Residents of a blockaded opposition-held town near the Syrian capital have raised the flag of President Bashar al-Assad’s government in exchange for food, activists said.
The deal accepted on Thursday by the town of Muadamiyat al-Sham, west of Damascus, is one of a number of local truces reached between opposition-held towns and government forces in recent months, although the terms – which also included the rebels handing over heavy weapons and expelling outsiders – are unusual.
For almost a year, the town has been surrounded by government checkpoints that have blocked food, clean water and fuel from reaching residents, in an attempt to drive out those opposed to the Assad government.
The Syrian national flag of red, black and white stripes with two green stars could be seen flying over a water tanker, according to a Lebanon-based news channel. That flag is often associated with the ruling Baath party and many opposition fighters instead use a flag with green, white and black stripes and three red stars.
“There’s sadness inside us, but we raised the flag because nobody helped us, nobody extended their hands to us,” said a Muadamiyat al-Sham resident who identified only as Ahmad. “We are ready to save the lives of [hungry] children. There’s no bread in Muadamiyat al-Sham. For three months, there’s been not even a grain of rice,” he said.
The deal requires opposition fighters to hand over heavy weapons and all non-residents must vacate the town.
After all heavy weapons are handed over, residents will establish local armed groups who will protect the town, according to George Nakhleh, a Syrian legislator. The army will only guard Muadamiyat al-Sham from the outside.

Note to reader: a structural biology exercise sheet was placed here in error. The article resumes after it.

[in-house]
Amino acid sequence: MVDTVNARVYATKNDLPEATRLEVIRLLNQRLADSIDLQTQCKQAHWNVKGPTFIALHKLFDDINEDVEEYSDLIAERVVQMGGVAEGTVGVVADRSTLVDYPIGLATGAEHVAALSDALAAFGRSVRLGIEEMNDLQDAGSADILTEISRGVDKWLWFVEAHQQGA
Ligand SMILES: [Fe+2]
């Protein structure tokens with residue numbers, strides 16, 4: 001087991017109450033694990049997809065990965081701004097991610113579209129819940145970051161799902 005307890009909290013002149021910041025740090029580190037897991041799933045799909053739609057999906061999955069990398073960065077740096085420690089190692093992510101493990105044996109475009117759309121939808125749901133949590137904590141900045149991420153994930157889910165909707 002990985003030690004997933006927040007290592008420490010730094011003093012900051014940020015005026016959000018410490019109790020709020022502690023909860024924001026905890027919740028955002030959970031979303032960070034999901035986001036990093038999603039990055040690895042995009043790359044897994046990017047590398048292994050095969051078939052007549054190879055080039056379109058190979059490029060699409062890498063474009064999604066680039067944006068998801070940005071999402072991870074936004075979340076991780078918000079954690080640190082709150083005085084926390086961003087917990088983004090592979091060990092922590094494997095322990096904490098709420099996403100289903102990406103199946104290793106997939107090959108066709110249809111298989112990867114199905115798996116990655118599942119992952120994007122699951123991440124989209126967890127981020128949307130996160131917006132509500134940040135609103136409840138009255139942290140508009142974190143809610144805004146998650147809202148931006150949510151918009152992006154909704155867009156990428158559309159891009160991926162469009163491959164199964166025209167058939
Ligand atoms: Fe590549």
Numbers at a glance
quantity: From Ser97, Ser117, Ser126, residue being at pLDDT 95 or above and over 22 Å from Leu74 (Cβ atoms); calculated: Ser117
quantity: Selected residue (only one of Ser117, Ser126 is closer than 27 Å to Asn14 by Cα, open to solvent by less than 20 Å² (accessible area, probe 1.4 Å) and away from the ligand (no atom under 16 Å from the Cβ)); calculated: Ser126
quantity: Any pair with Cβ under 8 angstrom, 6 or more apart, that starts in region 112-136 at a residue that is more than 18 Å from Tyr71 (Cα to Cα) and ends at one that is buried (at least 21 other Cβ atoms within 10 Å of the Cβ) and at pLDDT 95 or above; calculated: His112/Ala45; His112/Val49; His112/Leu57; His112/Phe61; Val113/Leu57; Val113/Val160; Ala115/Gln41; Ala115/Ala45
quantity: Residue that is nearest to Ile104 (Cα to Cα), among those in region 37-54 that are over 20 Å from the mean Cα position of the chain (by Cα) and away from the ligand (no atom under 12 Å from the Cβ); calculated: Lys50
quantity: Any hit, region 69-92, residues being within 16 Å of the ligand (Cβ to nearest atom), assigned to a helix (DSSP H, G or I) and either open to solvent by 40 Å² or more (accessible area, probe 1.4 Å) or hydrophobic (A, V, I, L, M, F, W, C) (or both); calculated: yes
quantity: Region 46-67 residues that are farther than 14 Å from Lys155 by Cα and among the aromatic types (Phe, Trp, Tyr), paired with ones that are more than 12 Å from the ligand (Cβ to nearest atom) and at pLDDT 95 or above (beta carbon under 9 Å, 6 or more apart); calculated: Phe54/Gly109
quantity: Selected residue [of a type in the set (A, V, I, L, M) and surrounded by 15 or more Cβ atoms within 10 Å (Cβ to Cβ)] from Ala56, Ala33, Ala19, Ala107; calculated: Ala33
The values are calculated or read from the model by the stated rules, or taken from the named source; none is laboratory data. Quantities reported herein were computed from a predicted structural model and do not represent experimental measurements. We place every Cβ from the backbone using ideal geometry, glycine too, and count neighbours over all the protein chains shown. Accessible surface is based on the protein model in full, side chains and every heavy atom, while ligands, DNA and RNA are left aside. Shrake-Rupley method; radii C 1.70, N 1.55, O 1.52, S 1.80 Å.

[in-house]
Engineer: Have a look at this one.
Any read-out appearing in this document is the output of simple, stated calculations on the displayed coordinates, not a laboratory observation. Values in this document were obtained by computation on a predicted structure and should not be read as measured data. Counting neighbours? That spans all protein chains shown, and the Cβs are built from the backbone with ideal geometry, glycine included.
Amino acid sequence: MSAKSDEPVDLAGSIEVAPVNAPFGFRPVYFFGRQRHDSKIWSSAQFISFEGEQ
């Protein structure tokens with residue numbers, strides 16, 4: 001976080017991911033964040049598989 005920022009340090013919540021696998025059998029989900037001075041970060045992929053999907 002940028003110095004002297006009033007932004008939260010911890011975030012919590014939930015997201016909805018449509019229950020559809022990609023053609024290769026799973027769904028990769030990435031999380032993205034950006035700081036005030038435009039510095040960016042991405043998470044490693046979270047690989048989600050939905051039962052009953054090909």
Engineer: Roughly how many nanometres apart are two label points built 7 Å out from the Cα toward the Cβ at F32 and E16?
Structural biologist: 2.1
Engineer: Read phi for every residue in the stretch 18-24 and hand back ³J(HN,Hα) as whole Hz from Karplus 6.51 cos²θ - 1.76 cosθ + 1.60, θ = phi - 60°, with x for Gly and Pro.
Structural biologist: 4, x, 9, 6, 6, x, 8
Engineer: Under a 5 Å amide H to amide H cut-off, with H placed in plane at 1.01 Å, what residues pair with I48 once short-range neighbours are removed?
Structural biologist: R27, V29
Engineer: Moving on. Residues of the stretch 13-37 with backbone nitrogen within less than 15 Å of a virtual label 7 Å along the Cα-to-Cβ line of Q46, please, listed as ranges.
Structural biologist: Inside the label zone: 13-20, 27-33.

‘Food as a tool of war’
Nakhleh said that state institutions will eventually return to normal and gates will be opened to allow for the entry of food and other necessities into the town.
“The army will protect Muadamiyat al-Sham but inside the town the residents will protect it,” said Nakhleh in an interview with the Lebanon-based Al-Mayadeen TV. “They will carry weapons and set up checkpoints to prevent the entrance of strangers who come from around the world to destroy our country.”
The Western-backed exiled opposition group, the Syrian Coalition, said the deal proves that Assad’s government uses “food as a tool of war.”
Malnutrition has been a problem among Muadamiyat al-Sham’s estimated 8,000 residents for months, according to activists, with children and the elderly often falling ill.
A similar series of truces allowed about 5,000 residents of Muadamiyat al-Sham to flee the town in the autumn.
The timing of this deal is viewed by some as a technique to bolster Assad’s position ahead of internationally-brokered peace talks scheduled for January.